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Re: How to restore the layout?

From: Juanma Barranquero
Subject: Re: How to restore the layout?
Date: Mon, 1 Jul 2013 18:37:38 +0200

On Mon, Jul 1, 2013 at 6:03 PM, Drew Adams <address@hidden> wrote:

> My guess is that, for the reasons I gave earlier (must set up during
> startup), someone using a standalone minibuffer frame will already have
> set it up, including its position and size, before trying to restore a
> desktop.  Users will neither want nor need a desktop to record and
> restore a standalone minibuffer frame.

In many cases, the user will already have set up other frames in
precise detail, the initial one for example (until now, I usually set
my initial frame with specific size & position). But if she moves the
frame and saves Emacs, she will expect the frame to restore at the new
position, not the one in initial-frame-alist. I don't really see why
moving a minibuffer-only frame from its default position should be
different (other that because it is harder to implement correctly, of
course ;-).

> My suggestion is to record & restore only the frames that do not have
> an `only' value for frame parameter `minibuffer'.  No one will miss the
> "feature" of recording & restoring a standalone minibuffer frame.

I've tested that and it works, but it is a bit jarring. Your frame
will restore at the same place it was saved, but the new minibuffer
frame is restored all over the place. Of course, if you set up
minibuffer-frame-alist for a specific position, it will be recreated
there, which is still jarring if you've moved the main frame.

That said, as a last resort I can live with not saving the
minibuffer-only frame and document clearly that the user is reponsible
of its appearance *and* position and should set minibuffer-frame-alist
correctly when using desktop-restore-frames.

> 1. Restoring a frame with nil `minibuffer' property correctly associates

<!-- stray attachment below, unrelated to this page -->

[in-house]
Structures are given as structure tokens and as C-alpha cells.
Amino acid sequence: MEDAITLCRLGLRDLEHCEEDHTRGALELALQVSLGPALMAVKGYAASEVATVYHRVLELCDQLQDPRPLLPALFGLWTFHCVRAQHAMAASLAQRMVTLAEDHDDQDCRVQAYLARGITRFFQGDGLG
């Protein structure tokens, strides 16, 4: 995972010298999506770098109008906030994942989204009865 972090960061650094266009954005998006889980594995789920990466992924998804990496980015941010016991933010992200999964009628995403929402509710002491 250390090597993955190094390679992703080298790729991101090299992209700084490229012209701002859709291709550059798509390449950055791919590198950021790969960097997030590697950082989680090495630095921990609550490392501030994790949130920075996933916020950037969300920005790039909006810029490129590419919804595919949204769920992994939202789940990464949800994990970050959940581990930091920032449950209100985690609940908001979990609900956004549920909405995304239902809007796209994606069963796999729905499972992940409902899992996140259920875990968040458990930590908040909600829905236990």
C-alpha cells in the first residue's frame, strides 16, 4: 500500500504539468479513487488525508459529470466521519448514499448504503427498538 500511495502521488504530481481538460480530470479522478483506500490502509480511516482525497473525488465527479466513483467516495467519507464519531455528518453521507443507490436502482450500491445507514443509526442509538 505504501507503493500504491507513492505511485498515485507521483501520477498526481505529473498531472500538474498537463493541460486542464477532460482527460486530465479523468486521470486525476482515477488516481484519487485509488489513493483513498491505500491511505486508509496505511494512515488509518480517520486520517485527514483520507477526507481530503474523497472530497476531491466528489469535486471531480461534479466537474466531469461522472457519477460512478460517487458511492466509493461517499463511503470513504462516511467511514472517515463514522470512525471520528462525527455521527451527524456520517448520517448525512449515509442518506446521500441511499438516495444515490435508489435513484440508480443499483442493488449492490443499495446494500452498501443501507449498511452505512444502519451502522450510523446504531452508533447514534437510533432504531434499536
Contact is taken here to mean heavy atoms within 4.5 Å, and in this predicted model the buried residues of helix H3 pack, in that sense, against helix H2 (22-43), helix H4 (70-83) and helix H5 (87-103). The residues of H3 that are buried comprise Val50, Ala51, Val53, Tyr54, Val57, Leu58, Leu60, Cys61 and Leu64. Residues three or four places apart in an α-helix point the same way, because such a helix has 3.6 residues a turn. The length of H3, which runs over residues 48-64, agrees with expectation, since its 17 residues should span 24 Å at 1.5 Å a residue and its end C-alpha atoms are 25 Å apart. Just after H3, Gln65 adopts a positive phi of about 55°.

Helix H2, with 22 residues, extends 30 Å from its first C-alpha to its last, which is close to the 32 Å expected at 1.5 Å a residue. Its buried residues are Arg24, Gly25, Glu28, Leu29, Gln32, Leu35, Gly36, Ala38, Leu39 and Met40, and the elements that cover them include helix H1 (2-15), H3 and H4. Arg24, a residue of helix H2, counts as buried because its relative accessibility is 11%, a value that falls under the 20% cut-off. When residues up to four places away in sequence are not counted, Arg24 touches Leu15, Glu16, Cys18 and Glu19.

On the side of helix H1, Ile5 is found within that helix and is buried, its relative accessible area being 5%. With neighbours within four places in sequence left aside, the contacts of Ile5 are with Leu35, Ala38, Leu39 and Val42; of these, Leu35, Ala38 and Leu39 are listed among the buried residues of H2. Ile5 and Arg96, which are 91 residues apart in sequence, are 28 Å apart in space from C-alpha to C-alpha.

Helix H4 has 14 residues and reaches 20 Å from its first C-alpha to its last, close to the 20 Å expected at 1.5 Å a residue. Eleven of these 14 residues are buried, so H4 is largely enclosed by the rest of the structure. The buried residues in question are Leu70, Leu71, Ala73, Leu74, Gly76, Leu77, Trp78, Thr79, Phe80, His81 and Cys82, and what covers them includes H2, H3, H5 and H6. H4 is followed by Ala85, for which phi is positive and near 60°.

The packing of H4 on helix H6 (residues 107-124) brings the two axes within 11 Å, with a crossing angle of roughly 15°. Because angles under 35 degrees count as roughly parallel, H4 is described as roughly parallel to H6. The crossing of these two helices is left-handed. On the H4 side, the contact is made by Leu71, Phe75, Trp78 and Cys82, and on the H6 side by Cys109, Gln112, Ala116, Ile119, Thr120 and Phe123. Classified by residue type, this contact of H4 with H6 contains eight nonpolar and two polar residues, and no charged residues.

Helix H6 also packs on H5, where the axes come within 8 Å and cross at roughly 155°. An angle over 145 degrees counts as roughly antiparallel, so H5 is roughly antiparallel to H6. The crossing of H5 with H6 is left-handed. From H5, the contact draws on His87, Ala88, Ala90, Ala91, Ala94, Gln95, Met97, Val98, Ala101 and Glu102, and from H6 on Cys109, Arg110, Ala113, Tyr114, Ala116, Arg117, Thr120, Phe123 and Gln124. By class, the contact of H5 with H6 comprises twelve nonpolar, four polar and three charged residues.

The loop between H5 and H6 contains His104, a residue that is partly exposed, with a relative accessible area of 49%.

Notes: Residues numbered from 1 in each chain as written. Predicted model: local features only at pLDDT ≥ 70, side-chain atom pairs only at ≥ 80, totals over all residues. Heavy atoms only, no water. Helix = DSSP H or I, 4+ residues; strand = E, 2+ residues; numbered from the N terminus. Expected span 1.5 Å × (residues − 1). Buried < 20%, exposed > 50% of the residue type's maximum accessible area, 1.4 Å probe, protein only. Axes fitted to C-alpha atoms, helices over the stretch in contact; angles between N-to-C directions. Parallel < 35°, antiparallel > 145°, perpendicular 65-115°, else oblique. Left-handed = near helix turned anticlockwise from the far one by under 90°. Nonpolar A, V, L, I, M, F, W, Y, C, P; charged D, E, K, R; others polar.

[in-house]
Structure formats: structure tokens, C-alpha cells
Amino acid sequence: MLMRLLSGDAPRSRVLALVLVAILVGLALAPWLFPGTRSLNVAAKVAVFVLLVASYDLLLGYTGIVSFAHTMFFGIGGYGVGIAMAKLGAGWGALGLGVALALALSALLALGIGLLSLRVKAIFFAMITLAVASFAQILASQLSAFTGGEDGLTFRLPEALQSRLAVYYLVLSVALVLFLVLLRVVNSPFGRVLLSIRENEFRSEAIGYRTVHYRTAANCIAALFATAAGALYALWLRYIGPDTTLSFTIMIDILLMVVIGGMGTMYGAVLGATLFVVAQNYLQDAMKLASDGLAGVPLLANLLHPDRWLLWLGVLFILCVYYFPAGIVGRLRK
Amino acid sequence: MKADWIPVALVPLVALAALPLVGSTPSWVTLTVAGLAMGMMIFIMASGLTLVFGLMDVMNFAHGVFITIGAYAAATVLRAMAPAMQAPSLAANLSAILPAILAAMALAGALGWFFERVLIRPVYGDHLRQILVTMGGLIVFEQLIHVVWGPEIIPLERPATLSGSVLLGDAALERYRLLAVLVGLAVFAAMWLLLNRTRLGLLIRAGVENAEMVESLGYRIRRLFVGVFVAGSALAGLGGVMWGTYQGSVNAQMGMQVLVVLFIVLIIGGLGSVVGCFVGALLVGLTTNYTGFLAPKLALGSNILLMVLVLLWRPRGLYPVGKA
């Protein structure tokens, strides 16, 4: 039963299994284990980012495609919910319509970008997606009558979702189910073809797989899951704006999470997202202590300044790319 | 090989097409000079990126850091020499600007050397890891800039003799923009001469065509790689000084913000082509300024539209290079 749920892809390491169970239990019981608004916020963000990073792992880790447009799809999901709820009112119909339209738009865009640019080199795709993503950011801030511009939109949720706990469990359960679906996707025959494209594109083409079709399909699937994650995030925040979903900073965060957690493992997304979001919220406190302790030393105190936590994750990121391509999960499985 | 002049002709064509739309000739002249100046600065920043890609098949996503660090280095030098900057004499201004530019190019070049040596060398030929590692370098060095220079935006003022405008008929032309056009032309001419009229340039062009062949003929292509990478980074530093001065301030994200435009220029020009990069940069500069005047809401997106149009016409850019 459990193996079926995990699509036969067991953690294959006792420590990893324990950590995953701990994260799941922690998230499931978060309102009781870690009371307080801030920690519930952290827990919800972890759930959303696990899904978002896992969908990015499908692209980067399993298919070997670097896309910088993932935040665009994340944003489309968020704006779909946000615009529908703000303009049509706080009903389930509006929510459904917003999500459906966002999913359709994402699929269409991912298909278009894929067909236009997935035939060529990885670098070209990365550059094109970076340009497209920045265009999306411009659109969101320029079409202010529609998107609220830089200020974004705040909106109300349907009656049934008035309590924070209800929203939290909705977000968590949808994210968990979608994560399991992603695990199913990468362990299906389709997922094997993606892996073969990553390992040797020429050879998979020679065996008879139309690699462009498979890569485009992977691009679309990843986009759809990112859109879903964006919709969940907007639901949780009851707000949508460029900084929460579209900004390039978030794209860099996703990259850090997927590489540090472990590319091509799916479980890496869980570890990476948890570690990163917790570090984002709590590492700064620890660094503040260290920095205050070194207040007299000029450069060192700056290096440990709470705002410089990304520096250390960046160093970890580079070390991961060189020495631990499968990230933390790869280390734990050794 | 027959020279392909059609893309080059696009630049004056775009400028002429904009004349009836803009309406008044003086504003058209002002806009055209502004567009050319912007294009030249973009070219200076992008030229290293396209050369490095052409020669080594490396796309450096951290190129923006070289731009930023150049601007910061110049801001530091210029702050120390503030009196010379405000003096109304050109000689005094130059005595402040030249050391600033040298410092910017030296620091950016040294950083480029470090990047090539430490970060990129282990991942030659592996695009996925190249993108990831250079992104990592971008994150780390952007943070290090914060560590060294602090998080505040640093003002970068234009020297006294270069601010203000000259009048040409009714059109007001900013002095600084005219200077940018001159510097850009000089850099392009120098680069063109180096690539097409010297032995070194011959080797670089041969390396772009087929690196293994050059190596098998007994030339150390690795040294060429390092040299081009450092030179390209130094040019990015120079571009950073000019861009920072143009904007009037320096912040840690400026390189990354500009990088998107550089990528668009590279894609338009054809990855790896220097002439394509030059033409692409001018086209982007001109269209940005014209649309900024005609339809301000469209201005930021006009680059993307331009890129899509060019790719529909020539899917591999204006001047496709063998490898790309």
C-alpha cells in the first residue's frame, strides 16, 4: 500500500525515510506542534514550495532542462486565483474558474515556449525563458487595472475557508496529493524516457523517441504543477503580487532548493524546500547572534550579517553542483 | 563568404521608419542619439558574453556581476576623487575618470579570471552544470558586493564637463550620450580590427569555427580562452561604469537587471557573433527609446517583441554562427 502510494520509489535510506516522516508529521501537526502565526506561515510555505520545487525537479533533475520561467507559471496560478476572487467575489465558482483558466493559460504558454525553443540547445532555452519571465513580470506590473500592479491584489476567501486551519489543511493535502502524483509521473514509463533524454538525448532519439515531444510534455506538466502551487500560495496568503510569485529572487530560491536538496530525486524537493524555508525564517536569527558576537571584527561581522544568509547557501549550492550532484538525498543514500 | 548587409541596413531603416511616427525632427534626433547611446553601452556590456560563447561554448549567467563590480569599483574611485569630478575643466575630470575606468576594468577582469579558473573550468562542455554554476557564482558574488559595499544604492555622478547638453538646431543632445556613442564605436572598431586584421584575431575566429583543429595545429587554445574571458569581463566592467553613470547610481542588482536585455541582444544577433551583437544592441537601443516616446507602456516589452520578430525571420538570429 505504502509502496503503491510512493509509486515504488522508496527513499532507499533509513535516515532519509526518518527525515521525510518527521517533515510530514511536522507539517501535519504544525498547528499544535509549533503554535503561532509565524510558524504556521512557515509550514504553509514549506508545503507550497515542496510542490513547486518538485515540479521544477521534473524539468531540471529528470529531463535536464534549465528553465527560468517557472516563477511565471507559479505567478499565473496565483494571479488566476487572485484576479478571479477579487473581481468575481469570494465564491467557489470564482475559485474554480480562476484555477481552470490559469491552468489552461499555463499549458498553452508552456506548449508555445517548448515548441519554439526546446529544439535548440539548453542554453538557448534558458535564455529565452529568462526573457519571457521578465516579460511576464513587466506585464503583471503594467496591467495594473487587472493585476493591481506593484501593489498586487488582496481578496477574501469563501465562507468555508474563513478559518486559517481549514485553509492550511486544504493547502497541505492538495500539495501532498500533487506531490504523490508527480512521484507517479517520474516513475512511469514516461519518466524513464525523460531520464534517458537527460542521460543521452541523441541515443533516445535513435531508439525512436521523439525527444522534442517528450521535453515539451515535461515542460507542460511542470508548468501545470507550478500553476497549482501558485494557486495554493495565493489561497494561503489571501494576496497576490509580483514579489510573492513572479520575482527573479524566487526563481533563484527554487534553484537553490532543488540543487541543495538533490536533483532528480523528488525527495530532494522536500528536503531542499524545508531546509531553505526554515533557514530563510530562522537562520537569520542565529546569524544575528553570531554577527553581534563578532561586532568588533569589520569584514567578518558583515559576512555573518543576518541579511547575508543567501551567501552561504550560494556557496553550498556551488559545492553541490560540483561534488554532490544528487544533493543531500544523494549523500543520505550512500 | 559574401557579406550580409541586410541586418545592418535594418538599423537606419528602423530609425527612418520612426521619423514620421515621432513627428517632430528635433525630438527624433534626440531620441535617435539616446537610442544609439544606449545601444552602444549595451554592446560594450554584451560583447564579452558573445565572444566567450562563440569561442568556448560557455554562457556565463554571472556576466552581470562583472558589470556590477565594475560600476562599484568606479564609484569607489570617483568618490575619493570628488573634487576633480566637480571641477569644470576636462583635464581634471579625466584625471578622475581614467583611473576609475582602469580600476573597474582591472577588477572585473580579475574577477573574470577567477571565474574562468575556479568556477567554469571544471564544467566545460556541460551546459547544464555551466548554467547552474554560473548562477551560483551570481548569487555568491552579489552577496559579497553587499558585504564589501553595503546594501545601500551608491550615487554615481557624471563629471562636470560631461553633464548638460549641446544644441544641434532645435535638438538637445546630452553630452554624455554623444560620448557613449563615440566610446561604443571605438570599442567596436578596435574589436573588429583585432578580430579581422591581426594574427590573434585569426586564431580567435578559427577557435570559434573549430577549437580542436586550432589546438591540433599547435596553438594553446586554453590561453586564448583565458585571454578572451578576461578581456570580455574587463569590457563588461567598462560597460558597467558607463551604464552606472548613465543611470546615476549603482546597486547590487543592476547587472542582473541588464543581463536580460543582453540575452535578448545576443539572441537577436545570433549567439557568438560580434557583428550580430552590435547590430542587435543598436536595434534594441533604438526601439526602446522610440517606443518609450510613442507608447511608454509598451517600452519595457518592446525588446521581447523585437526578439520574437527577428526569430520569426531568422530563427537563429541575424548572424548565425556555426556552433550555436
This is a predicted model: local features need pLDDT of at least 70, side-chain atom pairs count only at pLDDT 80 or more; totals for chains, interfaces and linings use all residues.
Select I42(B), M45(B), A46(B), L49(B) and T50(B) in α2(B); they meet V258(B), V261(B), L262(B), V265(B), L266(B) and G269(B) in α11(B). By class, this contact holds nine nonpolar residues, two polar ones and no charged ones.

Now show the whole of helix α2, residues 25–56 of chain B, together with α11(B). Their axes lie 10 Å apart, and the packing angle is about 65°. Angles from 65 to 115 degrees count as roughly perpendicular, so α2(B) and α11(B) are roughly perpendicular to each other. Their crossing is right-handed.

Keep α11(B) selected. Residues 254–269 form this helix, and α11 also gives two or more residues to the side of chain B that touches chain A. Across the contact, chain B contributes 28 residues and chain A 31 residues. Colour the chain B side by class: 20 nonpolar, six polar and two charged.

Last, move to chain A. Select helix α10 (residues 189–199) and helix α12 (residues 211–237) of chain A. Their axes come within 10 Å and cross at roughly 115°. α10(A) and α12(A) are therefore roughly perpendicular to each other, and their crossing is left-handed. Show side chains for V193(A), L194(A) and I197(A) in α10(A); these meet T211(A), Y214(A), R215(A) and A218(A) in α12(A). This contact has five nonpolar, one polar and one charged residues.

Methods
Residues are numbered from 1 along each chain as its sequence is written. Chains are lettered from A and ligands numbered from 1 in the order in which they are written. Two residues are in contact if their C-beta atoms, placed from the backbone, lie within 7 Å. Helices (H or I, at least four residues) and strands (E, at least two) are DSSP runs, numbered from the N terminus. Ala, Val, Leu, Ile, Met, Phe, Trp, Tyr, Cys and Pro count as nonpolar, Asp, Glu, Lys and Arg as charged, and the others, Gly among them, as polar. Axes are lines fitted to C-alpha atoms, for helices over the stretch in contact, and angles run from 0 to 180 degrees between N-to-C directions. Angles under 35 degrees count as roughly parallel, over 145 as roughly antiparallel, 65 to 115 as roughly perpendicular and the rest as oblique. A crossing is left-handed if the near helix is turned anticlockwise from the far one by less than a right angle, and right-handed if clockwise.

> it with the standalone minibuffer frame.  I assume that that is the case,
> because that is what happens today when `default-frame-alist' specifies
> nil as the `minibuffer' property value.  That is the only that makes
> sense to me.


> 2. Restoring a frame that had a non-nil, non-`only' `minibuffer' property
> correctly associates it with an existing standalone minibuffer frame.
> I assume that is the only reasonable behavior, but I'm no expert on that.
> Perhaps there is someone who uses both a standalone minibuffer and
> separate minibuffers in some frames?  I doubt it, however.

No idea.

> That is at least the first behavior to try out for your prototype, IMO.

Already tested. Now let me try with saving&restoring the
minibuffer-only frame; I can fall back to your proposal easily enough.

> If the value is a window then it supposedly must be a minibuffer
> window on some other frame.  How you would deal with that in the
> context of desktop.el I don't know. I guess if you are actually
> restoring windows in general then you could restore that value (and
> hence the association) as well.

That's currently not possible because we don't have a way to identify
a window (in the window state returned by window-state-get). Martin
said it could be added, if required, but let's try to avoid it if at
all possible.

> Every beast is a strange beast.  Every Emacs feature that one is not
> used to using seems strange at first.

You're talking about UI. I can understand why you do think that they
are not that strange (or stranger than any other setup). I was talking
about implementation. From a cursory look at frames.el and other code,
I'd say minibuffer-only frames add a lot of complexity.

> FWIW, a standalone minibuffer frame was not only not strange but was
> the DEFAULT and the TYPICAL way for users to interact with Emacs back
> in the days of Epoch.  And Epoch's standalone minibuffer worked even
> better than what I've been able to cobble together for GNU Emacs.

Individual tastes and diversity are wonderful things. From using
minibuffer-only frames for a few minutes, I wouldn't touch them with a
ten foot pole. Multi-frame setups yes, they are nice and, as Stephen
said, in many cases is easier to deal with many open frames than
switch between Emacs windows. But I fail entirely to see the appeal of
having the minibuffer in another frame. Which is not to say that I
won't work hard on make them work with this feature ;-)

> http://www.youtube.com/watch?v=Ku-ChVdBwDs
> [Louis Jouvet, "Drole de Drame", 1937]



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